By JAMILA HUSAIN
Sri Lanka is bracing for a major impact from the blockage caused by a ship stuck in the Suez Canal, with port authorities to urgently meet with key players this week to assess the damage it will cause on the country if the stalled ship is not freed within the coming days.
Sri Lanka Ports Authority (SLPA) Chairman, General Daya Ratnayake told Daily Mirror that Sri Lanka will face a major brunt this week if the blockage continues as most of the country’s imports and exports into the West and Europe require using the Suez Canal route.
Further, ships who use the canal, usually dock at the Sri Lankan Port to travel to North Africa and West and Europe and the arrival schedules at the Colombo Port is expected to be disrupted.
Although it is too early to assess the cost of damage which will fall on several sectors including the Port, Ratnayake said authorities will hold an urgent meeting today or tomorrow with shipping agents, importers and exporters and the Ceylon Chamber of Commerce to discuss the impact from the blockage.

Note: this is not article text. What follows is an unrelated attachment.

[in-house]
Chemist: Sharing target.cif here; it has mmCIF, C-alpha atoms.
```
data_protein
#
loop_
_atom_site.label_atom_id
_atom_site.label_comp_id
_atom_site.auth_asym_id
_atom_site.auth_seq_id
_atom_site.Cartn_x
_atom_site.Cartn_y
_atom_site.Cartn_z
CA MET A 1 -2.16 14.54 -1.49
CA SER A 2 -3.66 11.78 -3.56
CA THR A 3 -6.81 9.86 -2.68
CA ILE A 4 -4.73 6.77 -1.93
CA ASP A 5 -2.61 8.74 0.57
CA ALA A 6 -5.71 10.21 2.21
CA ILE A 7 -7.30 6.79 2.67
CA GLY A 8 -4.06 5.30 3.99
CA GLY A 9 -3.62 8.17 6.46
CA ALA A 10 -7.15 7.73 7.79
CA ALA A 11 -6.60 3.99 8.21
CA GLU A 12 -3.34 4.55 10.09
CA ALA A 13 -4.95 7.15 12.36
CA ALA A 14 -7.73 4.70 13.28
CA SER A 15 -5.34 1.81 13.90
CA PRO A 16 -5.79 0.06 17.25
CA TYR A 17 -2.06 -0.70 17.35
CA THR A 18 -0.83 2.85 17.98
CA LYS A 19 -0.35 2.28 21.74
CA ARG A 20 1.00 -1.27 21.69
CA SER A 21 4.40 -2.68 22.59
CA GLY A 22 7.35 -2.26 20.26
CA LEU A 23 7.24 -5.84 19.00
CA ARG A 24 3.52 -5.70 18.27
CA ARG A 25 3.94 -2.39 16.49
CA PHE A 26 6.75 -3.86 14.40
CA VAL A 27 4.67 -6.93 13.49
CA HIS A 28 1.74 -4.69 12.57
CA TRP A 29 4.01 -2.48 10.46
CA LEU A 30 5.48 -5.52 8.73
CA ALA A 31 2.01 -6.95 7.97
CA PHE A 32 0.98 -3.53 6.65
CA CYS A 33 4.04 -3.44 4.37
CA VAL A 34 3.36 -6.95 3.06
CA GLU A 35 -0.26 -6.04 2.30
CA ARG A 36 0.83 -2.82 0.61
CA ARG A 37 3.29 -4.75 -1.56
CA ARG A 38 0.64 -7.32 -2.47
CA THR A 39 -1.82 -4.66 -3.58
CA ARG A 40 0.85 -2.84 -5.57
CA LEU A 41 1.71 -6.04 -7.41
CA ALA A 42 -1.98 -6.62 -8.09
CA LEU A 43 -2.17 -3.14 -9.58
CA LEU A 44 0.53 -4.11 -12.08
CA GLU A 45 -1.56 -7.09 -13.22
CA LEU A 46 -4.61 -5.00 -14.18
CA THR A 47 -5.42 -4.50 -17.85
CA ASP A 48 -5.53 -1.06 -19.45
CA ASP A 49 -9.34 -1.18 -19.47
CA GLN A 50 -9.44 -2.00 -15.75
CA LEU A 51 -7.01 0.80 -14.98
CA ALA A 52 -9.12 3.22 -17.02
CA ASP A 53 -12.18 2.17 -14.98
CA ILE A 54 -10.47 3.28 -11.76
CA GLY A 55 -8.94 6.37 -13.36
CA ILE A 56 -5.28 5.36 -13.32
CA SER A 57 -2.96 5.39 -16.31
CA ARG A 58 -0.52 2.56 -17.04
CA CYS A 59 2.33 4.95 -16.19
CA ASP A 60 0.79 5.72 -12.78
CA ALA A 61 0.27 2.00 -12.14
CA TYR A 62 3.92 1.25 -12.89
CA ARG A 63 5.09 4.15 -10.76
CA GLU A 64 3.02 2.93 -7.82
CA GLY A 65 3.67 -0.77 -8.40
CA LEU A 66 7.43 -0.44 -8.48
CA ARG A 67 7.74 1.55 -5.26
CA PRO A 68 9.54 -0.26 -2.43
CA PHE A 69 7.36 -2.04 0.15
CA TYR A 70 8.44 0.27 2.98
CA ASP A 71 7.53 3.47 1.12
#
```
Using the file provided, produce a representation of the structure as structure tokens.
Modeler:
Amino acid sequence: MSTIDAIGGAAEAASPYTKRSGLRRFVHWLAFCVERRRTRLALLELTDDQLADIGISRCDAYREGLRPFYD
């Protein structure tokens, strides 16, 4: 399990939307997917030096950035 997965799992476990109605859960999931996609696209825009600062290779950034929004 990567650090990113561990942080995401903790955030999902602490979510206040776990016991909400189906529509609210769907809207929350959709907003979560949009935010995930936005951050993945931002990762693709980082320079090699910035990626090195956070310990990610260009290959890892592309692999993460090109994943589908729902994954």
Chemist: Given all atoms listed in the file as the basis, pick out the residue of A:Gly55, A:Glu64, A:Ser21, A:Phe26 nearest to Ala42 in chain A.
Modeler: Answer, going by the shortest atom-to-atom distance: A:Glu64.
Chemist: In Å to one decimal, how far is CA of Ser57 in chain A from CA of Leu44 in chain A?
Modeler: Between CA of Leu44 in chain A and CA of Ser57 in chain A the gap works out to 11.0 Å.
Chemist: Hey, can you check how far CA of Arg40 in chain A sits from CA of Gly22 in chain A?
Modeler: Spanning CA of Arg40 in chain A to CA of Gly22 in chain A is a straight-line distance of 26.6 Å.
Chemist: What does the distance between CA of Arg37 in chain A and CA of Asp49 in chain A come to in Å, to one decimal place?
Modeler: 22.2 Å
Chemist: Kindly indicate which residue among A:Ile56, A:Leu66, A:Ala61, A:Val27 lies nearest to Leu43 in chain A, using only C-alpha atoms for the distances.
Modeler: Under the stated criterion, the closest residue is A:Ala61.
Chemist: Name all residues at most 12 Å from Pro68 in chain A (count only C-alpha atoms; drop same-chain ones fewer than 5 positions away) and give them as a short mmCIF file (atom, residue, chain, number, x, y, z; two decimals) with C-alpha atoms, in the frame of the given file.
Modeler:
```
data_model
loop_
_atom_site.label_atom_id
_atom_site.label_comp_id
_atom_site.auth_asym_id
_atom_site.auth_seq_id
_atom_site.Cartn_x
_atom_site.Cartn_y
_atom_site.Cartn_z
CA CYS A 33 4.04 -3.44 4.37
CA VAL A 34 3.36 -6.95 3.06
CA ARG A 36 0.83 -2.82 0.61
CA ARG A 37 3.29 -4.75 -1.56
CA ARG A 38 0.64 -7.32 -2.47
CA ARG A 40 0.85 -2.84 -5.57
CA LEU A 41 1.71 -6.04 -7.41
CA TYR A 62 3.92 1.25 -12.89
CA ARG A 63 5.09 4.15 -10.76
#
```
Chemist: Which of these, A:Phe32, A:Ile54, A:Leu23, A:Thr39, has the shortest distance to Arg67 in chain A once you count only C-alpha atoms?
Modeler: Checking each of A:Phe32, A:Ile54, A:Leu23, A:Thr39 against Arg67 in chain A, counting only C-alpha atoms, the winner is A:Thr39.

“The effect on exports will be huge because 50 to 60 per cent of our high value exports going into the West and Europe use this channel. The imports coming in from that part of the world will also be stalled,” Ratnayake said.
“The last few days we did not feel it much because anyway we depend on at least six days travelling time. But this week we will feel it,” he added.
So far, while several countries are expecting a shortage of oil and fuel with the global oil and fuel prices expected to spike, the Ceylon Petroleum Corporation has said there will be no fuel shortage due to vessels unable to pass through the Suez Canal.
As of last evening, there was not much progress in moving the stalled ‘Ever Given’ vessel which is stuck near the Egyptian city of Suez, about 3.7 miles north of the canal’s southern entrance. It’s in a narrow section of the canal, about 985 feet wide.
As of Saturday evening, at least 321 ships, carrying everything from cars to oil to grain, wait at the canal’s northern and southern entrances, causing a loss of 10 billion dollars per day.
Last evening, Egypt’s President ordered preparations to be made to unload the cargo of the stalled ship if refloating it fails.
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